WorldWideWeb

Sir Tim Berners-Lee, Inventor of the World Wide Web “This is for everyone”

Last year Sir Tim Berners-Lee, the British computer scientist who invented the World Wide Web, made a surprise appearance at the opening ceremony of the Olympics. He sat at a computer and delivered the message “This is for everyone”. The World Wide Web is one of the greatest inventions the world has ever seen. It created the free-flow of information in cyberspace that made the digital age possible. With new technologies, however, come new opportunities for warfare.

America has become increasingly worried about cyberthreats. Though Sir Tim Berners-Lee’s invention was designed for the easy flow of information, mechanisms can be put in place to retrieve that information illegally. Fears about cyberthreats and cyberespionage have led the American House of Representatives to pass the Cyber Intelligence Sharing and Protection Act (CISPA), designed to protect America from efforts by individuals or foreign governments to illegally exploit confidentiality, security, or other data by giving law enforcement agencies the ability to retrieve relevant web data about users from private companies. The controversial bill would provide legal protection to companies who share data, even customers’ personal details, with the government.

Cybersecurity is often not considered important news because of its technical nature or because it is seen as not much of a threat. The reality is very different. Many countries are now engaging in cyberwarfare: this February, a White House report named China and Russia “aggressive and capable collectors” of sensitive information. From October last year, the New York Times was targeted in a Chinese cyber-espionage operation after a critical report on then-current Premier, Wen Jiabao. Clearly cyberthreats and cyberespionage is very much alive. President Obama himself has said “America’s economic prosperity in the 21st century will depend on cybersecurity.”

It is likely that because CISPA deals with cyberthreats to America, personal details will be passed on to law enforcement agencies. This could be either a civilian agency, such as the Department of Homeland Security; or an intelligence agency, such as the National Security Agency (NSA). For those of you who enjoy a good conspiracy theory, you may be interested to know the congressional district of Charles Albert “Dutch” Ruppersberger, a Democrat from Maryland who co-authored the Bill, covers the home of the NSA in Fort Meade.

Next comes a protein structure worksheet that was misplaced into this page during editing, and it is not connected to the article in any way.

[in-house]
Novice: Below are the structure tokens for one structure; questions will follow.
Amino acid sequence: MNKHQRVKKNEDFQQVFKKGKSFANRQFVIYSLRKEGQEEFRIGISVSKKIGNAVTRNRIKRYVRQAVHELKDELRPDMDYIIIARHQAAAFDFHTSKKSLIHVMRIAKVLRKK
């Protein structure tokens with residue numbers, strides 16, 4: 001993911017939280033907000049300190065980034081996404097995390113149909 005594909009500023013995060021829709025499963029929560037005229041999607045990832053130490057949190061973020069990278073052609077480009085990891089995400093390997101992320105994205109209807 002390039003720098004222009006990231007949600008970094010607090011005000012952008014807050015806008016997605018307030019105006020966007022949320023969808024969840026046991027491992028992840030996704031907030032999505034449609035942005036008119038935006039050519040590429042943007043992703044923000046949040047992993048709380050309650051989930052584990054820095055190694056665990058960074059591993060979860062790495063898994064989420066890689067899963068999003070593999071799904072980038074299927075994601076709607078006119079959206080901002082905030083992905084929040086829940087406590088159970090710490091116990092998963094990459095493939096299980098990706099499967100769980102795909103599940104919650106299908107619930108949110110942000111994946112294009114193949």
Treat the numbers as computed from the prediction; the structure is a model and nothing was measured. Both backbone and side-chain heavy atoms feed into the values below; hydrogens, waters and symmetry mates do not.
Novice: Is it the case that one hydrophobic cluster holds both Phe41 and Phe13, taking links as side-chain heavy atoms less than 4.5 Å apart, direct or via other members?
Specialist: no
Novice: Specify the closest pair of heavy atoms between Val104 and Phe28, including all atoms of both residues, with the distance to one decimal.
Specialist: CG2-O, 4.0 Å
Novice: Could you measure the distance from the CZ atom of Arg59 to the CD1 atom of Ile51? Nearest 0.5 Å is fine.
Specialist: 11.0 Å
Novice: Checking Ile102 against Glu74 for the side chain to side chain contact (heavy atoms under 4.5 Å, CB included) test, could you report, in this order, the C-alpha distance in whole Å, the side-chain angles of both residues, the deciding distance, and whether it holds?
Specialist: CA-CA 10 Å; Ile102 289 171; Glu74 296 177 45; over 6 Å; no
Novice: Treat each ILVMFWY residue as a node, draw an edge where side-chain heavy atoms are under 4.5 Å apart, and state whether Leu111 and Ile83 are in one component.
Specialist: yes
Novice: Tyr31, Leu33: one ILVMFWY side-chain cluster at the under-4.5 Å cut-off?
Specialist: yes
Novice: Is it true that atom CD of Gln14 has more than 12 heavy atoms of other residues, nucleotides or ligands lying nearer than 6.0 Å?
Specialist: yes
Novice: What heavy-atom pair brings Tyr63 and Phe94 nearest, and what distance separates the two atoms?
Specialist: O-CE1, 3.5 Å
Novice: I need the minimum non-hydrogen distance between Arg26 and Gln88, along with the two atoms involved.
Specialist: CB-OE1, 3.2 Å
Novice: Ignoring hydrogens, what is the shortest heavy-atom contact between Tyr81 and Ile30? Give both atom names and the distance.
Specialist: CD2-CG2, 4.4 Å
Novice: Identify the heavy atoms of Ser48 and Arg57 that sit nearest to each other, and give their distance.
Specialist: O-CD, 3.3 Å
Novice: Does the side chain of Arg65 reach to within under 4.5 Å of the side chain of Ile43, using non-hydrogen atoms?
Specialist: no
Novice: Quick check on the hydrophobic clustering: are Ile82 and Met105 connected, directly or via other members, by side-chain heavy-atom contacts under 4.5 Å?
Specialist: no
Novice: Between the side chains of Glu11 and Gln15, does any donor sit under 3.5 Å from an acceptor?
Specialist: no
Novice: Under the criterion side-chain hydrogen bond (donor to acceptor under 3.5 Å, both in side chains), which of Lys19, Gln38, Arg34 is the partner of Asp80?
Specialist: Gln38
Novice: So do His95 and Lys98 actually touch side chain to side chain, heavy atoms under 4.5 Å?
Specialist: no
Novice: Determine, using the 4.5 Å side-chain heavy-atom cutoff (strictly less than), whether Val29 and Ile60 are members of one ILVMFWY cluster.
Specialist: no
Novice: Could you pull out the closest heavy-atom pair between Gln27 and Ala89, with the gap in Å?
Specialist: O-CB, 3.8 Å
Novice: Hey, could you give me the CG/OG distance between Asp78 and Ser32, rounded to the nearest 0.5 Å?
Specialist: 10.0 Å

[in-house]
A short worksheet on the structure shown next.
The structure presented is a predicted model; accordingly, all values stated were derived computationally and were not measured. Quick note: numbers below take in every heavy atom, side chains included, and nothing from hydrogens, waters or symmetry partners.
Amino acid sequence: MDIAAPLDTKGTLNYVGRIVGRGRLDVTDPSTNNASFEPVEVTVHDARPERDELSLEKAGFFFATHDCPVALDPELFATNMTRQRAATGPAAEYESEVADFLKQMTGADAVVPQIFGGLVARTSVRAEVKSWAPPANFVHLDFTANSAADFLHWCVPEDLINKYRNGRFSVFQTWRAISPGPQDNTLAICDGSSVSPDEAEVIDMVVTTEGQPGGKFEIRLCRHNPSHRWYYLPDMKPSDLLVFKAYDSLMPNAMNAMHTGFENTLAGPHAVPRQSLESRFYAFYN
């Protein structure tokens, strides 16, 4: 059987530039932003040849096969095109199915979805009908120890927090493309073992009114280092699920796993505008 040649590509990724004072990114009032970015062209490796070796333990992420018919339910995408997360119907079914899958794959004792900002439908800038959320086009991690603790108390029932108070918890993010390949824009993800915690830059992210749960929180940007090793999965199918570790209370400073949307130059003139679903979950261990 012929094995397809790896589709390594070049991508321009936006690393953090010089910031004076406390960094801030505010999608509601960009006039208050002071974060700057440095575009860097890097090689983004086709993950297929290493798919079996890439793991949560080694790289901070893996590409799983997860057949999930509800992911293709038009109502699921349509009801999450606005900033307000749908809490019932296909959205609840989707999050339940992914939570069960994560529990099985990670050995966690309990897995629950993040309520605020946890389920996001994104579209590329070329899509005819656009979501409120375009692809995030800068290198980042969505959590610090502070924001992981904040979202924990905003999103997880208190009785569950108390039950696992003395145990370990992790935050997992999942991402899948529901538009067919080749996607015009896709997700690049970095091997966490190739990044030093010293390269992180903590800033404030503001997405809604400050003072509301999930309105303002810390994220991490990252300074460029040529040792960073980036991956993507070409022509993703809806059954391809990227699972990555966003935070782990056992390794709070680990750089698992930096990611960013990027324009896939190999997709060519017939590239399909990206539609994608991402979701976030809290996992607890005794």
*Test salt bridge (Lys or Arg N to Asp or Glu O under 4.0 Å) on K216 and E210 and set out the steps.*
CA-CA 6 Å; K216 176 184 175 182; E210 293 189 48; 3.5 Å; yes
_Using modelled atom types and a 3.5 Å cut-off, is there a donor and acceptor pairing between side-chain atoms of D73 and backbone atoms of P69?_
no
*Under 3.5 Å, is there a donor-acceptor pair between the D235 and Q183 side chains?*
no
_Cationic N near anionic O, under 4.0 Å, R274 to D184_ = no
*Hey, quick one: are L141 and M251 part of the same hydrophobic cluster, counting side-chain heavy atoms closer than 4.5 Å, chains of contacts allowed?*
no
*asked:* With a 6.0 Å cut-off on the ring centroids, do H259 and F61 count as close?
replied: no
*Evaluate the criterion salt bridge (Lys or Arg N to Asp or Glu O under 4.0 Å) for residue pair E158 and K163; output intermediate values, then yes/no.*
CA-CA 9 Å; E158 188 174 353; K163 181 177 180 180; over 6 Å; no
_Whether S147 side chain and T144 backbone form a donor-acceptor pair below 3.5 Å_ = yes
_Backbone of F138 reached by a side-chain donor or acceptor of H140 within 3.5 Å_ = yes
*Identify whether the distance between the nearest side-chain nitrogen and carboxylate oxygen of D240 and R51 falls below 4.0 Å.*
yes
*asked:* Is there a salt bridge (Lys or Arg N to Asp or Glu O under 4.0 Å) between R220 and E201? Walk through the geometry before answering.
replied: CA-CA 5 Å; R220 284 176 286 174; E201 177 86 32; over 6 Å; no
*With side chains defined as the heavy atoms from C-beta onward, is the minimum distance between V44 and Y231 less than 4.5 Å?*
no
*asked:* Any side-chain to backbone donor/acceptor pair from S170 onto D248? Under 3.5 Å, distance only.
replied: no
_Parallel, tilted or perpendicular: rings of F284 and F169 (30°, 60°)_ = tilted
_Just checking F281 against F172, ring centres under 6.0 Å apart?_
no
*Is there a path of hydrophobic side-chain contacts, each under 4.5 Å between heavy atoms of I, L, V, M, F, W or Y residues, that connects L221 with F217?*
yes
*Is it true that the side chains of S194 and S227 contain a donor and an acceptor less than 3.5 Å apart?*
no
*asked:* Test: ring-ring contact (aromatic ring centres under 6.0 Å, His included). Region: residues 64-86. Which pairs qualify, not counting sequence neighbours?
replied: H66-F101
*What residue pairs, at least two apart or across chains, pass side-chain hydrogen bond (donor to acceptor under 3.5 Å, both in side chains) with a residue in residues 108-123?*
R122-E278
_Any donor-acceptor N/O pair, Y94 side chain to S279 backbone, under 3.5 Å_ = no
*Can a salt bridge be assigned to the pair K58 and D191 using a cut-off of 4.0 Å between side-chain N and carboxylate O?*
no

Obviously, CISPA has not been well-received by those who want to protect their personal data online. Groups such as the American Civil Liberties Union, the Electronic Frontier Foundation, Reporters Without Borders and the American Library Association have all criticised CISPA for the lack of privacy clauses, which would have been easy to put in.
In fact, the House Rules committee rejected a bipartisan amendment to the bill that would have made sure existing measures made by companies to protect its customer’s data would remain legally valid by 5 votes to 8. The amendment was six lines long and would have forbidden the company to “…breach a contract with any other party.” This would have included all agreements previously made, such as a terms of service agreement, while allowing the rest of CISPA’s measures to go ahead relatively unchanged.

In response to the harsh opposition to CISPA, Republican Representative Mike Rogers (Michigan) said that the CEOs of large companies supported CISPA and those who opposed the bill were “people on the internet, a 14 year-old tweeter in the basement.” He received a barrage of angry tweets from many opponents of the bill over 14 who worked in the IT and communications industries.

President Obama has also expressed concern over the reach of the bill and has threatened to veto it if it reaches his desk in its current form, though this is beginning to look unlikely. Again, this was due to concerns over the bill’s information sharing provisions.

For opponents of the bill, CISPA is the latest attack on internet privacy. Last year Wikipedia and Reddit coordinated a service blackout in response to the Stop Piracy Online Act (SOPA) and accused it of internet censorship. The flow of information that the internet provides is so precious, and certainly legitimate limitations need to be put in place to protect companies and governments from cyberthreats. Cybersecurity, however, should not infringe on an individual’s right to have their personal data stored securely (and CISPA could go ahead relatively unchanged if clauses were put in to protect an individual’s privacy). In its current form, CISPA does not strike this balance.

BY: Matthew Jones